IP Branding & Social Media

Responding to Social Media Reviews

Posted by on 15 Jun 2018

Social Media has played a large role in effectively making (almost) everything digitally accessible for the majority of the world's population.  Decisions surrounding everyday purchases such as where to go for that date-night dinner, or where to pick up a new pair of shoes are now often made following an online review of the ever-growing list of local businesses found on social media.  

These reviews, which can be found on the official social media pages and/or via public comments which have tagged the official social media handles of businesses can go a long way in shaping both public opinion and influencing consumer choices.

Instant reviews - pros and cons

Whilst the ability to post reviews on social media has given consumers the power to provide instant feedback, which can then be responded to by businesses in real time, it has also given rise to 'trolling'.  Trolling refers to unsolicited and, usually, unnecessary negative comments made about something online - more often than not, aimed at having the recipient (whether it be a business, celebrity or citizen) lash out in response to the 'troll'.

Organisations often receive public complaints relating to customer service, product faults, or even seemingly small and relatively insignificant matters.  As a result of this type of online attack, an organisation's entire image can take a beating (even unrelated aspects of their services, or areas of the organisation), something that we have seen time and time again.

Dealing with user reviews on social media

A recent example from the Northern Territory involved a customer posting a negative review to the Howard Springs Bakery Facebook page after being disappointed with the quality of their products.  The author made his displeasure known through social media, with his review being visible to not only those potential customers with Facebook accounts, but anyone with an internet connection.



From any perspective, this review appears quite reasonable and fair.  Unfortunately, the response was half-baked.



While we could potentially forgive the errors in spelling and grammar, the vulgar and threatening language used in the response was extremely aggressive and inappropriate.  Many people criticised the stand taken by the eatery for posting such a rude response to a customer's feedback.  This may translate to a loss of business for the eatery from potential customers in opposition of both the tirade and the language used who will 'vote with their feet', as seen below:



However, it seems some people actually wanted a piece of the pie and applauded the stance taken by the Bakery, as seen in the following post:



Over a week later, this incident is still being discussed on the Bakery's Facebook page.  Both the review and the response have been liked, shared and reposted by many users.  Again, this incident has highlighted the fact that a simple post on social media has no bounds and that once posted, it is usually difficult to stop ongoing circulation of the post.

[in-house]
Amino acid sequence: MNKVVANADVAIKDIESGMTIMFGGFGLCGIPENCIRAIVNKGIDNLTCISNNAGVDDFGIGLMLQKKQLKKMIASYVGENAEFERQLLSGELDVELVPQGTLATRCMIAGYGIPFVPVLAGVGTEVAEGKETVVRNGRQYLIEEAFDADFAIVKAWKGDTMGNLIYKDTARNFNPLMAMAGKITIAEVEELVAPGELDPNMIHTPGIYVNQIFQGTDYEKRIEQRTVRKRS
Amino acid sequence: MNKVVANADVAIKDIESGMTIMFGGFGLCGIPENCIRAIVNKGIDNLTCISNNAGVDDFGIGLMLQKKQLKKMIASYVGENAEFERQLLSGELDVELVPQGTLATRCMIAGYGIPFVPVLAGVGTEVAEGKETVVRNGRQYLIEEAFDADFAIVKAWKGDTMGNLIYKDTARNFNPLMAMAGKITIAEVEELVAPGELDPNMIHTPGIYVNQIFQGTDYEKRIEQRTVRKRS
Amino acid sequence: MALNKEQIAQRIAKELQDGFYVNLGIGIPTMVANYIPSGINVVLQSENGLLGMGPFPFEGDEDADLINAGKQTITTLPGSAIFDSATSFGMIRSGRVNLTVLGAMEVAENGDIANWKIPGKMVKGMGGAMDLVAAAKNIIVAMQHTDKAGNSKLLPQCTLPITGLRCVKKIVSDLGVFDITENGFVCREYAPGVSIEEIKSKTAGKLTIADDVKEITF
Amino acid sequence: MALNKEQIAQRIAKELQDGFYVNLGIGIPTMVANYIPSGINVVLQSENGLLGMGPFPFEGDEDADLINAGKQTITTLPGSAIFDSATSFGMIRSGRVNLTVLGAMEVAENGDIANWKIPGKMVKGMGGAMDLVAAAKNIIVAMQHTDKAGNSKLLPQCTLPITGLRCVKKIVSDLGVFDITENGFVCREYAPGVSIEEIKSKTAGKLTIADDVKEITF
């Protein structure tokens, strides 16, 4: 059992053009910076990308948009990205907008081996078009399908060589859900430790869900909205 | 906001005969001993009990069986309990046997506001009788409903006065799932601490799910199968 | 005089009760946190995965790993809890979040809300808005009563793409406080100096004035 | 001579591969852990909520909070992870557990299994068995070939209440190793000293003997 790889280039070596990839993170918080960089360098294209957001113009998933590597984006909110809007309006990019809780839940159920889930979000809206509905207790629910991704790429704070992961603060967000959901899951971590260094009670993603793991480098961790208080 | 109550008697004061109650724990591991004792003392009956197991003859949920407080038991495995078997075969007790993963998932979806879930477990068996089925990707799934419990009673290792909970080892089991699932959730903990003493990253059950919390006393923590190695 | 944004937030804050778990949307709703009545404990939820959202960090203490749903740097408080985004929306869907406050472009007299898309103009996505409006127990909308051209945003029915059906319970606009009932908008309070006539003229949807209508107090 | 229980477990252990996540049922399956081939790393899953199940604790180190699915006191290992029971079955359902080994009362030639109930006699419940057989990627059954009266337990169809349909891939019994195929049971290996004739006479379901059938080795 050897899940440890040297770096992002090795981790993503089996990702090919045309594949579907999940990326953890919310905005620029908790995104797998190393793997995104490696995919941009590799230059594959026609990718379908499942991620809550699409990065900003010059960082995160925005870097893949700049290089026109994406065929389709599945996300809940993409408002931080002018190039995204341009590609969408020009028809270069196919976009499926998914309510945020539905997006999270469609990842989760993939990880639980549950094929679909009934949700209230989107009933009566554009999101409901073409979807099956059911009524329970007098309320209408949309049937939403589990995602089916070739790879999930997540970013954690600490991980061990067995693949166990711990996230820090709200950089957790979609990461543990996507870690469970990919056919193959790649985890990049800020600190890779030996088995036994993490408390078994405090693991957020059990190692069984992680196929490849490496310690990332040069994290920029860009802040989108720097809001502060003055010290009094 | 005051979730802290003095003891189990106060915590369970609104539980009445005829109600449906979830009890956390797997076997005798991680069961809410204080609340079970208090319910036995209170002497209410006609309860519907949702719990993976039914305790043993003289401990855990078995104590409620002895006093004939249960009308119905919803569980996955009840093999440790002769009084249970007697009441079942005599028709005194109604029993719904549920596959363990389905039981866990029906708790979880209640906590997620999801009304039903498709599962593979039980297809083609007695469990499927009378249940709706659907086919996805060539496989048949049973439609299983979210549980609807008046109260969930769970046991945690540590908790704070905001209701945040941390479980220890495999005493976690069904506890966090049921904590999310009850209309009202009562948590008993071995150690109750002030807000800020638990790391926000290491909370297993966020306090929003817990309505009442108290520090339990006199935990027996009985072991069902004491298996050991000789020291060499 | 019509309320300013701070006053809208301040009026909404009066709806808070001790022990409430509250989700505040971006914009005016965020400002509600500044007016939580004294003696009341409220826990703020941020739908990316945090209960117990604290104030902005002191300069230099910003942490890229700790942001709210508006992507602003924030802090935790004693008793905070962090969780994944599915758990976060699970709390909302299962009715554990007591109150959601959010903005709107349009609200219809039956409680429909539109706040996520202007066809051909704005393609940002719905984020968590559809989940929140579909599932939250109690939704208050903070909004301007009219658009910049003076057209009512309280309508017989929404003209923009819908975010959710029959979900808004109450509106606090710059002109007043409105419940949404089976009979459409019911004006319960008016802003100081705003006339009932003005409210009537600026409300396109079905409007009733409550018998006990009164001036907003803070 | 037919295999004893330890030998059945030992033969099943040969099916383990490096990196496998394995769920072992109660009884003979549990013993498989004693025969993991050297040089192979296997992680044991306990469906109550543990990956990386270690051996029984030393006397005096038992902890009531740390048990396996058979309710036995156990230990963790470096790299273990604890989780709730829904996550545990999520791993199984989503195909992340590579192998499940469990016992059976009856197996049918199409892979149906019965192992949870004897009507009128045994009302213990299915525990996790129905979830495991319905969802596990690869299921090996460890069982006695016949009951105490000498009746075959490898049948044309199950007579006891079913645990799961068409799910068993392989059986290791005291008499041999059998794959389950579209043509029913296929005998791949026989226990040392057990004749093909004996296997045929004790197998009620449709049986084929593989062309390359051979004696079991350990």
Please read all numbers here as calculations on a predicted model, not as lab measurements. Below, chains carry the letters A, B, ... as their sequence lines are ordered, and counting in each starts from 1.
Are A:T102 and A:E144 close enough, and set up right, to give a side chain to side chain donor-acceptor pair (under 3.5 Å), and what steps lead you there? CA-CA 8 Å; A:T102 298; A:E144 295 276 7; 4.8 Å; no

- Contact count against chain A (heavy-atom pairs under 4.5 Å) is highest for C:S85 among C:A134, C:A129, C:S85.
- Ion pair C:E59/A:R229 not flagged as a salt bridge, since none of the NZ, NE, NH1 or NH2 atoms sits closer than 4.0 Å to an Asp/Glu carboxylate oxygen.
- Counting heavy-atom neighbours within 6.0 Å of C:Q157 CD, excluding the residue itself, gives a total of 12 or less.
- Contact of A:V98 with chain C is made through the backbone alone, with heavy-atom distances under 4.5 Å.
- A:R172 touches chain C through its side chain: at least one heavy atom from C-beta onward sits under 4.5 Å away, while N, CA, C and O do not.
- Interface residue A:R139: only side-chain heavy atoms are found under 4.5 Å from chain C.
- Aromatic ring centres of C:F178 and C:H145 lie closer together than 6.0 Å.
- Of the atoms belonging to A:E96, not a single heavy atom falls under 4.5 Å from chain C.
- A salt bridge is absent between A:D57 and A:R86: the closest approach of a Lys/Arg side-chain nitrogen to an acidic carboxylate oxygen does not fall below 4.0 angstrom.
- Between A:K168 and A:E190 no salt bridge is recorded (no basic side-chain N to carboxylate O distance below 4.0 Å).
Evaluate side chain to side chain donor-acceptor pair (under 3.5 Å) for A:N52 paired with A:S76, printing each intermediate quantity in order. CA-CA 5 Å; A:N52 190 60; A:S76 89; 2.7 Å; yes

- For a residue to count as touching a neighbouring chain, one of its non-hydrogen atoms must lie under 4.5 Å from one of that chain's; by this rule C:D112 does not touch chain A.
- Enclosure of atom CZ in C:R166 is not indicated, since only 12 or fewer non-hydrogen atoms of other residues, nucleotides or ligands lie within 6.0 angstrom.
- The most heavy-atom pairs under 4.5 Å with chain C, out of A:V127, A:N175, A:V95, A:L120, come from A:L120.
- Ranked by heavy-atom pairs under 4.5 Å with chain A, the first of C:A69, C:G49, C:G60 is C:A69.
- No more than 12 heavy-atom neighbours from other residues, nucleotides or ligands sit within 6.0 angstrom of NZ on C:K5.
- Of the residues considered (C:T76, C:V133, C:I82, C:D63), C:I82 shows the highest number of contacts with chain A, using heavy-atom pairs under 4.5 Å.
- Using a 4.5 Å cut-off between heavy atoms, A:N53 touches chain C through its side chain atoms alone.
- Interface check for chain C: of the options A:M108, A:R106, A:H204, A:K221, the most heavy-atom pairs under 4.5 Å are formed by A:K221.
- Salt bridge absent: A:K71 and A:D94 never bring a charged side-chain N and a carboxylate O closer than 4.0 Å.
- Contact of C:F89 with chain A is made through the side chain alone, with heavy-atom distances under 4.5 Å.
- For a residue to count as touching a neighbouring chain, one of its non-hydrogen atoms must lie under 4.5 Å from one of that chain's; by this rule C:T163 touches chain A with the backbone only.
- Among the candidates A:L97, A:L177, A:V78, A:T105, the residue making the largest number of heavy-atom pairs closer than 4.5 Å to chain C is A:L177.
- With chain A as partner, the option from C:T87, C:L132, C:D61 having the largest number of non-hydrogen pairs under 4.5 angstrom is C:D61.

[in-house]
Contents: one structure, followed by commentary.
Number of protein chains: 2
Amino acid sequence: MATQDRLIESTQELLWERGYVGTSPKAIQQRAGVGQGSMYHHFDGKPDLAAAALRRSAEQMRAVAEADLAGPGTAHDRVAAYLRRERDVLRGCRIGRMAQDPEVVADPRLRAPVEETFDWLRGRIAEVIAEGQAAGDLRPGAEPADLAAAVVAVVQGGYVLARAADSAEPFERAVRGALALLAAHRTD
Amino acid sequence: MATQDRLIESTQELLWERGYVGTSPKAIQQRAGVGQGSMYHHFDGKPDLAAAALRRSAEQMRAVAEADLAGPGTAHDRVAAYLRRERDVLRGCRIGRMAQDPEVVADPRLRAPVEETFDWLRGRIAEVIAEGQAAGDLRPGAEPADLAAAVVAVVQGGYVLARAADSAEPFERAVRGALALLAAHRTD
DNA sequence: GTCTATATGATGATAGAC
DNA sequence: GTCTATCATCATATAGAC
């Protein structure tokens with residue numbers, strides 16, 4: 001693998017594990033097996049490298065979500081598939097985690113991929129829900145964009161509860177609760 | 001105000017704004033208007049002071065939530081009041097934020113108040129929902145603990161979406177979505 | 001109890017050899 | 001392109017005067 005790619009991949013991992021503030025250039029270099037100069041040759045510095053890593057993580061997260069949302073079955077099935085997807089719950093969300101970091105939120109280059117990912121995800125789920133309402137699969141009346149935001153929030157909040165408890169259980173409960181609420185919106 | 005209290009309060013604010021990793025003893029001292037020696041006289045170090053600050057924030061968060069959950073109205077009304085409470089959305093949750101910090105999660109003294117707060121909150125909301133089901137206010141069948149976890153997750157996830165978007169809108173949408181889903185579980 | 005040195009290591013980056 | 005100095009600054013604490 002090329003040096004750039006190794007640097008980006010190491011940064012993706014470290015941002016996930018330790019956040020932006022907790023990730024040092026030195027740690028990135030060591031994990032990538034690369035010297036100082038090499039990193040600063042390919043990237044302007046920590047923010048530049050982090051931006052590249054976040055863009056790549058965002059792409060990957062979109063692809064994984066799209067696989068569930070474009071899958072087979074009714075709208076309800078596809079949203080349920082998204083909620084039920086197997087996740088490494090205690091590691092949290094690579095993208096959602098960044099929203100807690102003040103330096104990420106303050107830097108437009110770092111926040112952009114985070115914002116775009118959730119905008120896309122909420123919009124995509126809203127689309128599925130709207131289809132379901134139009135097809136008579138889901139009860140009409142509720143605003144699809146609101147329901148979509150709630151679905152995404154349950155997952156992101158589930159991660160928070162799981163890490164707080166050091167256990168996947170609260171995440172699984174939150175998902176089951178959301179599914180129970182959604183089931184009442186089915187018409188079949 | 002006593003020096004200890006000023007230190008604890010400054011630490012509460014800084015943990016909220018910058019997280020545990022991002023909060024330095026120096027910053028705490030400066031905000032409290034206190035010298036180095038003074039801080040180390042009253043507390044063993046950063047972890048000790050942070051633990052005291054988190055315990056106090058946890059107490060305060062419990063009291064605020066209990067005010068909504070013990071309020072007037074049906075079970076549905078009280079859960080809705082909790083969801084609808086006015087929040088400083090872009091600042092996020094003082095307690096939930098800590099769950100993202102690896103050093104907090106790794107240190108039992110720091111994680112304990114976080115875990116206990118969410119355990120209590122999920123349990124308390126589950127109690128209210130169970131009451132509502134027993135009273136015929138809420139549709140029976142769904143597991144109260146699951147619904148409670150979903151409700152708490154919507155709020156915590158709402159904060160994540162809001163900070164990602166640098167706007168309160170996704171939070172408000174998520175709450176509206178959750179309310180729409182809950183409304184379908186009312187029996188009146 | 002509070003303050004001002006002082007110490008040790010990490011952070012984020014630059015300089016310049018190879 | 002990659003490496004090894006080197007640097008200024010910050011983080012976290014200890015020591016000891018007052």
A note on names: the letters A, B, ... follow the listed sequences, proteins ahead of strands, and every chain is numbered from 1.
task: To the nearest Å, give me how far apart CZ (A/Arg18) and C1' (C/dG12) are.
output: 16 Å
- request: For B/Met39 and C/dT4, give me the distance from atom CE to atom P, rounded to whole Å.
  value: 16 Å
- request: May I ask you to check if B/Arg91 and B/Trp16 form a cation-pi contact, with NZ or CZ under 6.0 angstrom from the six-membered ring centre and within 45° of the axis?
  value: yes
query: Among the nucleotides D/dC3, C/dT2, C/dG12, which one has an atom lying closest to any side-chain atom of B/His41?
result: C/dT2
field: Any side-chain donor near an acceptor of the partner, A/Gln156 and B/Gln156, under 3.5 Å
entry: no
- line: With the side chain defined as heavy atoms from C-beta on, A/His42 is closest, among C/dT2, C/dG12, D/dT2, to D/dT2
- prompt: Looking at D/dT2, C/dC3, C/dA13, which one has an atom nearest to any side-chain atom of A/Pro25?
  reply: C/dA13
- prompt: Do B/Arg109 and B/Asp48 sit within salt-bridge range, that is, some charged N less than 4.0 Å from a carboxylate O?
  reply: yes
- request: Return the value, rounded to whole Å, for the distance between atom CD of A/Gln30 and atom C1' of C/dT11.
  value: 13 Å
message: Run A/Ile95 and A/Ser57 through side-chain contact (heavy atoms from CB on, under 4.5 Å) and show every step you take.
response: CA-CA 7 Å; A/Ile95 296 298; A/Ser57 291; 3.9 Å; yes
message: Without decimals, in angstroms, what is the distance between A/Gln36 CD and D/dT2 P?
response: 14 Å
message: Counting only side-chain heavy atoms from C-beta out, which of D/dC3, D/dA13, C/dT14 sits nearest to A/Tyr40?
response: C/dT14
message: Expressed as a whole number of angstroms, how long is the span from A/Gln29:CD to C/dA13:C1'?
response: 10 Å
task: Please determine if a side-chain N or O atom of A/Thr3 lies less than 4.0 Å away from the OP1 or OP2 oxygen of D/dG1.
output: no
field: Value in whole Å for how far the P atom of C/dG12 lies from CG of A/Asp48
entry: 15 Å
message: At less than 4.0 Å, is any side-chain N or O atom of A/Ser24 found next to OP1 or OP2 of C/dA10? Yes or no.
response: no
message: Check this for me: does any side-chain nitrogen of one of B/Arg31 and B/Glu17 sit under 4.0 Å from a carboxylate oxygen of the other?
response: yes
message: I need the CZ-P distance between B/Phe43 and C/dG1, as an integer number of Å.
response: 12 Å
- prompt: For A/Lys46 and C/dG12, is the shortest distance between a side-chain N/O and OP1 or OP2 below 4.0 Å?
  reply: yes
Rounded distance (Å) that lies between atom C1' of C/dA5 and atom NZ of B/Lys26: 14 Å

It is possible to remove comments and posts from a Facebook page, although you cannot prevent users from circulating screen shots and commenting on images of the deleted posts.  Similarly, whilst a business is able to remove the overall review function from their Facebook page, it is not possible to delete a single review.  This means that if a business does want to remove a single negative review, they are required to remove all of their positive reviews at the same time, which may force them to re-think the move. 

How (not) to respond to reviews on social media

While online accessibility is a key feature of social media, incidents like these do highlight the importance of businesses having a strict social media policy in place.  While you could sympathise with a business for having to deal with online reviews (rather than private discussions), online reviews are now a reality of the social media age, and your business needs to be prepared to deal with them in an appropriate manner. 

Angry and aggressive responses to user reviews on social media are unlikely to resolve issues, rather they can often aggravate them.  

Having a strict social media policy helps businesses take those essential steps towards damage control if negative reviews or comments are posted online.  In turn, a continued professional approach to dealing with customer feedback will help cultivate a positive image for the business in question.  This may include making decisions relating to who in the organisation will respond to the feedback, the tone (or 'voice') of the response, and of course how the issue mentioned in the review can most effectively be resolved.

Our team at Coleman Greig Lawyers can assist with any legalities or general confusion surrounding your business' social media policy.  If you would like to speak with one of the lawyers in Coleman Greig's Brand Protection team, please don't hesitate to get in touch with us on 02 9895 9230, or via info@colemangreig.com.au.

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